### Geoboards

This practical challenge invites you to investigate the different squares you can make on a square geoboard or pegboard.

### Tiles on a Patio

How many ways can you find of tiling the square patio, using square tiles of different sizes?

### Pebbles

Place four pebbles on the sand in the form of a square. Keep adding as few pebbles as necessary to double the area. How many extra pebbles are added each time?

# Inside Seven Squares

##### Stage: 2 Challenge Level:

You have found several different ways of answering this problem which is great. Many of you, including Fiona at Tattingstone School and Douglas at Burgoyne Middle School, decided to draw the squares. However, your approaches weren't necessarily the same.

This is what Fiona says:

The first thing I did was to get some squared paper to draw the figure on. I found out I couldn't start the middle square as one square because I couldn't draw the other squares accurately so I did the middle square as a four and that gave me points for the rest of the figure.

 To find the total area of the numbered triangles: I noticed that $1$ and $4$ were two halves of a square and also $2$ and $3$ are two halves of a square. Now I just have to count every square in this top rectangle as one unit: My answer is $32$ square units.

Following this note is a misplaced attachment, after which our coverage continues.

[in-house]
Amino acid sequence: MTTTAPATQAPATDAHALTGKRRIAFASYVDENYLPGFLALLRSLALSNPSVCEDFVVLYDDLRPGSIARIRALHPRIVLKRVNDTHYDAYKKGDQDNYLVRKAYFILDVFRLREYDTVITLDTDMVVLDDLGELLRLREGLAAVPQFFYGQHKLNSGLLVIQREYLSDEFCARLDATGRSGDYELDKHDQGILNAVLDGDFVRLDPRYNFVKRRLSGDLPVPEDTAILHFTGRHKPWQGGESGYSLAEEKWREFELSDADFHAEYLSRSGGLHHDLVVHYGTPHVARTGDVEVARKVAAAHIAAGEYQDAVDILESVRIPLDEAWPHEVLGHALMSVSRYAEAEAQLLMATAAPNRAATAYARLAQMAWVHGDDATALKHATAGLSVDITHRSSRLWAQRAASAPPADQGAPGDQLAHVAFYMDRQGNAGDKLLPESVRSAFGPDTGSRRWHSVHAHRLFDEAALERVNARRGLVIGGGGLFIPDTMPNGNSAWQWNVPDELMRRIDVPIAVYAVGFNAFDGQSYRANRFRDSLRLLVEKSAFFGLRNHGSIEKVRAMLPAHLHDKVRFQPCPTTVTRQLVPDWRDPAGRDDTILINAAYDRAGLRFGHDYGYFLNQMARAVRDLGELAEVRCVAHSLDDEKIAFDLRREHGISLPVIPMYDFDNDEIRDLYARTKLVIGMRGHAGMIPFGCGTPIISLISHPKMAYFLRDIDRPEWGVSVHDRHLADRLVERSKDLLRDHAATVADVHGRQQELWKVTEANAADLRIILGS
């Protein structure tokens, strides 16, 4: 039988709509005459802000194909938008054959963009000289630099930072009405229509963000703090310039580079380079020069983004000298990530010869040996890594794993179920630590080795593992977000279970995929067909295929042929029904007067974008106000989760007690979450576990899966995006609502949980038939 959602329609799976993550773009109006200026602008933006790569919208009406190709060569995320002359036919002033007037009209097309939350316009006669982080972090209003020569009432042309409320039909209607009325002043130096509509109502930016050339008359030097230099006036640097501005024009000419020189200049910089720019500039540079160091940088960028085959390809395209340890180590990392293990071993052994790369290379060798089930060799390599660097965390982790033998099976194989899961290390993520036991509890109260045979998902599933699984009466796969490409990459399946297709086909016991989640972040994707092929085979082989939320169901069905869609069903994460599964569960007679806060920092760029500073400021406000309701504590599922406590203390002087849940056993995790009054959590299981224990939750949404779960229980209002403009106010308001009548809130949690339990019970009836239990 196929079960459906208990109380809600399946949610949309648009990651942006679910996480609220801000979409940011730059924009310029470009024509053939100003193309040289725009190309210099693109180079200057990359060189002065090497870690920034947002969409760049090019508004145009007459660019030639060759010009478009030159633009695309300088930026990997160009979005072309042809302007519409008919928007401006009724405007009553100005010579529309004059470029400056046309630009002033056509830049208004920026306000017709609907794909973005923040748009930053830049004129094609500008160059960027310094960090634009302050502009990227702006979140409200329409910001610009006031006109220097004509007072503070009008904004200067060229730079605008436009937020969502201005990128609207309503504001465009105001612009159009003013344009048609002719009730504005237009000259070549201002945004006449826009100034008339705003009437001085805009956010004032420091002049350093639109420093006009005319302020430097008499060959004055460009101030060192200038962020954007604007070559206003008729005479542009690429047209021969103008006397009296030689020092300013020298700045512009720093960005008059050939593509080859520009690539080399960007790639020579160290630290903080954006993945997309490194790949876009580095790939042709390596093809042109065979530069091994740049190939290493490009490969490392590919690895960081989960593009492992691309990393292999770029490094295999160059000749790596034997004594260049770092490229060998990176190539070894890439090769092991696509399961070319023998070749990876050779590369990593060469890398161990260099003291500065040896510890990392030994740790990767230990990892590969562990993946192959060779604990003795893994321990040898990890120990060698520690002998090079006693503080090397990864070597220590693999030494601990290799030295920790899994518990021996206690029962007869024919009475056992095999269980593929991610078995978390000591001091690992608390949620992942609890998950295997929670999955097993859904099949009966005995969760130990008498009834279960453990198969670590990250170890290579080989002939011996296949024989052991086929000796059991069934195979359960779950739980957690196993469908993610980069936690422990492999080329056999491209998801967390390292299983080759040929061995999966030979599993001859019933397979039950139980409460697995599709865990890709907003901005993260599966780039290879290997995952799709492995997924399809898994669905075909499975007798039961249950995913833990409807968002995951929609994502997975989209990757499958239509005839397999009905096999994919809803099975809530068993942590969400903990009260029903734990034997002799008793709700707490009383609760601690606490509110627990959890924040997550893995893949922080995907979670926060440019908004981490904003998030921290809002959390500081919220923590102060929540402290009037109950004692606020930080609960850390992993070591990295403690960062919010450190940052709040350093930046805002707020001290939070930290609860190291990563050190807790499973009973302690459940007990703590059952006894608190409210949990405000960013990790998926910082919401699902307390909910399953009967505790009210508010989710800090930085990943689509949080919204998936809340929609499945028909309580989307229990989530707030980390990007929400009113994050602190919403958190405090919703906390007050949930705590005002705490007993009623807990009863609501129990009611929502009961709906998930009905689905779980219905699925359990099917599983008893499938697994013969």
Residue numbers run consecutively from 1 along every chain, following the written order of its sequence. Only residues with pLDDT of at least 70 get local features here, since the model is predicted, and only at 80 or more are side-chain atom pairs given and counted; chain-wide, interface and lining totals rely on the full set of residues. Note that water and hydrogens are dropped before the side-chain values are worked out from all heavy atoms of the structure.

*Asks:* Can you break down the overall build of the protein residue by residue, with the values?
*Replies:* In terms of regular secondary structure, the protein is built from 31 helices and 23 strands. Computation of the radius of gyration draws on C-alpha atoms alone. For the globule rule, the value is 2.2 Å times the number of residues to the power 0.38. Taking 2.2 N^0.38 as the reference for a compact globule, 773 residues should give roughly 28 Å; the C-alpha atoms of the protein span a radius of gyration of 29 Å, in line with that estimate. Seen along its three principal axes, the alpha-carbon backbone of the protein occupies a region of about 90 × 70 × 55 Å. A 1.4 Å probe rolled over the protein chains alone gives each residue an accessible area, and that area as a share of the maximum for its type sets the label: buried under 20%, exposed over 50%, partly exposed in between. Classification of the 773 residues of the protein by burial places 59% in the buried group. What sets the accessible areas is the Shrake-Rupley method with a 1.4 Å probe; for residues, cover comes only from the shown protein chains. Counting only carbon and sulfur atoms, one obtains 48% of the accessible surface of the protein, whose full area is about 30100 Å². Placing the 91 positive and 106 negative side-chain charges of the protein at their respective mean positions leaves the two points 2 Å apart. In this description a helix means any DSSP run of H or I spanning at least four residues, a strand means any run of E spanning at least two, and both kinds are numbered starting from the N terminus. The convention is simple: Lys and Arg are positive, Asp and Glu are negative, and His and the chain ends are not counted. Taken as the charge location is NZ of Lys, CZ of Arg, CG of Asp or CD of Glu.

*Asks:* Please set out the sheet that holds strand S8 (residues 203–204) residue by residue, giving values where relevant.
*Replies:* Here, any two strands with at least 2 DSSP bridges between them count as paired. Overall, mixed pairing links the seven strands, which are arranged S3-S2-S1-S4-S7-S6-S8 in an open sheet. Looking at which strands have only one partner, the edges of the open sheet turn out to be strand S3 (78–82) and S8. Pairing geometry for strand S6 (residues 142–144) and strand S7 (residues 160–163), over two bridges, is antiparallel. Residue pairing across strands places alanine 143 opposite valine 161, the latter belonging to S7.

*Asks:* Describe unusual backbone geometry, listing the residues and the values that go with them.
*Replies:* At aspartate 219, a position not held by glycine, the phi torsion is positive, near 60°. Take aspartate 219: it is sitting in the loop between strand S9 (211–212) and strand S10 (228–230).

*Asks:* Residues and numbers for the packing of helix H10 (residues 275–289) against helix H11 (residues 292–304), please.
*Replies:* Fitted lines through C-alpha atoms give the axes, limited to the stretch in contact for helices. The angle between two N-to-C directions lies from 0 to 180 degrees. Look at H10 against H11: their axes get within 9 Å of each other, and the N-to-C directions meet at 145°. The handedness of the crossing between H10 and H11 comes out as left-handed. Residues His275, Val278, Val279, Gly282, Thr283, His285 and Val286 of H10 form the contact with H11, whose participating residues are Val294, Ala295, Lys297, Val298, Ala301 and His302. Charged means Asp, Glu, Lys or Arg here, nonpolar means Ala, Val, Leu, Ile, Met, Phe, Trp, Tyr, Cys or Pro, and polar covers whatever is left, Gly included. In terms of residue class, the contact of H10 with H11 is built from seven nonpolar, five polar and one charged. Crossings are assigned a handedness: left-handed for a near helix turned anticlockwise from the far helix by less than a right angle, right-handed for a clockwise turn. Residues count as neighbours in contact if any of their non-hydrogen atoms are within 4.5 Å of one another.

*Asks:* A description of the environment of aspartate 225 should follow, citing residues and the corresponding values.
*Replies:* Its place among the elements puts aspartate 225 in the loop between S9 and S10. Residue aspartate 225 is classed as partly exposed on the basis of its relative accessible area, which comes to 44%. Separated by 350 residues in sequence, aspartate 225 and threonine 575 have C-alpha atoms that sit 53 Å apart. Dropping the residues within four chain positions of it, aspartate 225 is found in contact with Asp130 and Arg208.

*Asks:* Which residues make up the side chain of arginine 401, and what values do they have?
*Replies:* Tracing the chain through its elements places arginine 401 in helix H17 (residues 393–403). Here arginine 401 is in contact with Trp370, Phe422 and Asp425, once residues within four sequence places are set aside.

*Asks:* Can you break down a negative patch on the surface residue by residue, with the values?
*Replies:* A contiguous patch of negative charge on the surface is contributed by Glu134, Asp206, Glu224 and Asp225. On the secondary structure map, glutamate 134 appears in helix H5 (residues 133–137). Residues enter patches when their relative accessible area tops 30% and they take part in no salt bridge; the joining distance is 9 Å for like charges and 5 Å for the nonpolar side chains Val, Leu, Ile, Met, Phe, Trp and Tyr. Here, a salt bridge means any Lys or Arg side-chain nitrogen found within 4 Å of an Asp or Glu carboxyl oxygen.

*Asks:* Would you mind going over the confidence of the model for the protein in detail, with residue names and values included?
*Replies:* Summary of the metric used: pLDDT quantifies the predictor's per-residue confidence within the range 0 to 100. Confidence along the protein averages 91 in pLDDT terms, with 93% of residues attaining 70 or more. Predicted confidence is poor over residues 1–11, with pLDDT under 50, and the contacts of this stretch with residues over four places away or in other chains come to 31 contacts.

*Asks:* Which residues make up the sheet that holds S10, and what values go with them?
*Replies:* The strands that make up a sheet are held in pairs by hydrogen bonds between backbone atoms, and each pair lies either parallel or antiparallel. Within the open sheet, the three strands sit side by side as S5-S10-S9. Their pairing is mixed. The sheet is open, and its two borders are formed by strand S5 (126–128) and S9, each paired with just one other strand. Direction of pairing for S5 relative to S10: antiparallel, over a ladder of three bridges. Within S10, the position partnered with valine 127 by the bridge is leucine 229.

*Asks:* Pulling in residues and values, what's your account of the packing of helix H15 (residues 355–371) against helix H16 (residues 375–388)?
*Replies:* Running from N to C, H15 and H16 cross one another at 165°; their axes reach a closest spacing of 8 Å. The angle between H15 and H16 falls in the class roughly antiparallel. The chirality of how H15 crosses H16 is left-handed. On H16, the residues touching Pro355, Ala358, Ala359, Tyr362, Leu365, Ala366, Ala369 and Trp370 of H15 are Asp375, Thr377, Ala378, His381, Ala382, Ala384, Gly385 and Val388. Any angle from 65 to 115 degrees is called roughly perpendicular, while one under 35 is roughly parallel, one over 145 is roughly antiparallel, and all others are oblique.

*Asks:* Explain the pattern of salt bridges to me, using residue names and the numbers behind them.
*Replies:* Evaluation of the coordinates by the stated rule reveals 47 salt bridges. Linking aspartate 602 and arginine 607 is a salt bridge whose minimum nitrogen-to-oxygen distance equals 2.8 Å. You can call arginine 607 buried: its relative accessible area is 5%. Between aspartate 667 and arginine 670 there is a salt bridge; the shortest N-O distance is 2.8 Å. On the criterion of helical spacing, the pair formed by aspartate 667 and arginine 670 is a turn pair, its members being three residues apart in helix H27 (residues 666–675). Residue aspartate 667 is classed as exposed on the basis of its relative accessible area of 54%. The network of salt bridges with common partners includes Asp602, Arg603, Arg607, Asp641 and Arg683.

Courtney, Charlotte and Tyler from Gateway Primary also used this approach.

Here is what Douglas did:

1) I drew the squares starting with the inside square that measured $1$ cm by $1$ cm.
2) I measured the sides and calculated the area of each of the outside triangles: Height $4$ cm width $4$ cm Area of $1$ triangle = $8$ cm

Sally also sent us her solution. She spotted some interesting patterns: good work!
When I drew the squares, I knew the first one had side length $1$, then the third one had side length $2$, the fifth had side length $4$, and the seventh had side length $8$ (they kept doubling). I drew the picture on squared paper, and when I counted the squares, each square (all of them, not just the odd ones) had area twice as big as the one before. So the first one had area $1$, then the next one had area $2$, then $4$, then $8$, then $16$, then $32$, then $64$. The area of the triangles is the area of the biggest one take away the area of the next one down, so that's $64-32=32$.

Gemma and Nathalie from City of London Freemen's School, Roger, Mark and Sam from Spalding Grammar School and George from Strand on the Green Juniors also noticed this pattern and so they didn't need to do any drawing to find the solution. Nathalie wrote:

As each square is half of the square surrounding it the total area of the outside square is $64$. You then have to take away the square directly inside it to find the area of just the outside triangles. As the square directly inside it is simply half the outside square then we are left with $32$ as the area for the outside triangle.

Well done too to Callum from Arthur Mellows Village College and children from Truscott Street Public School.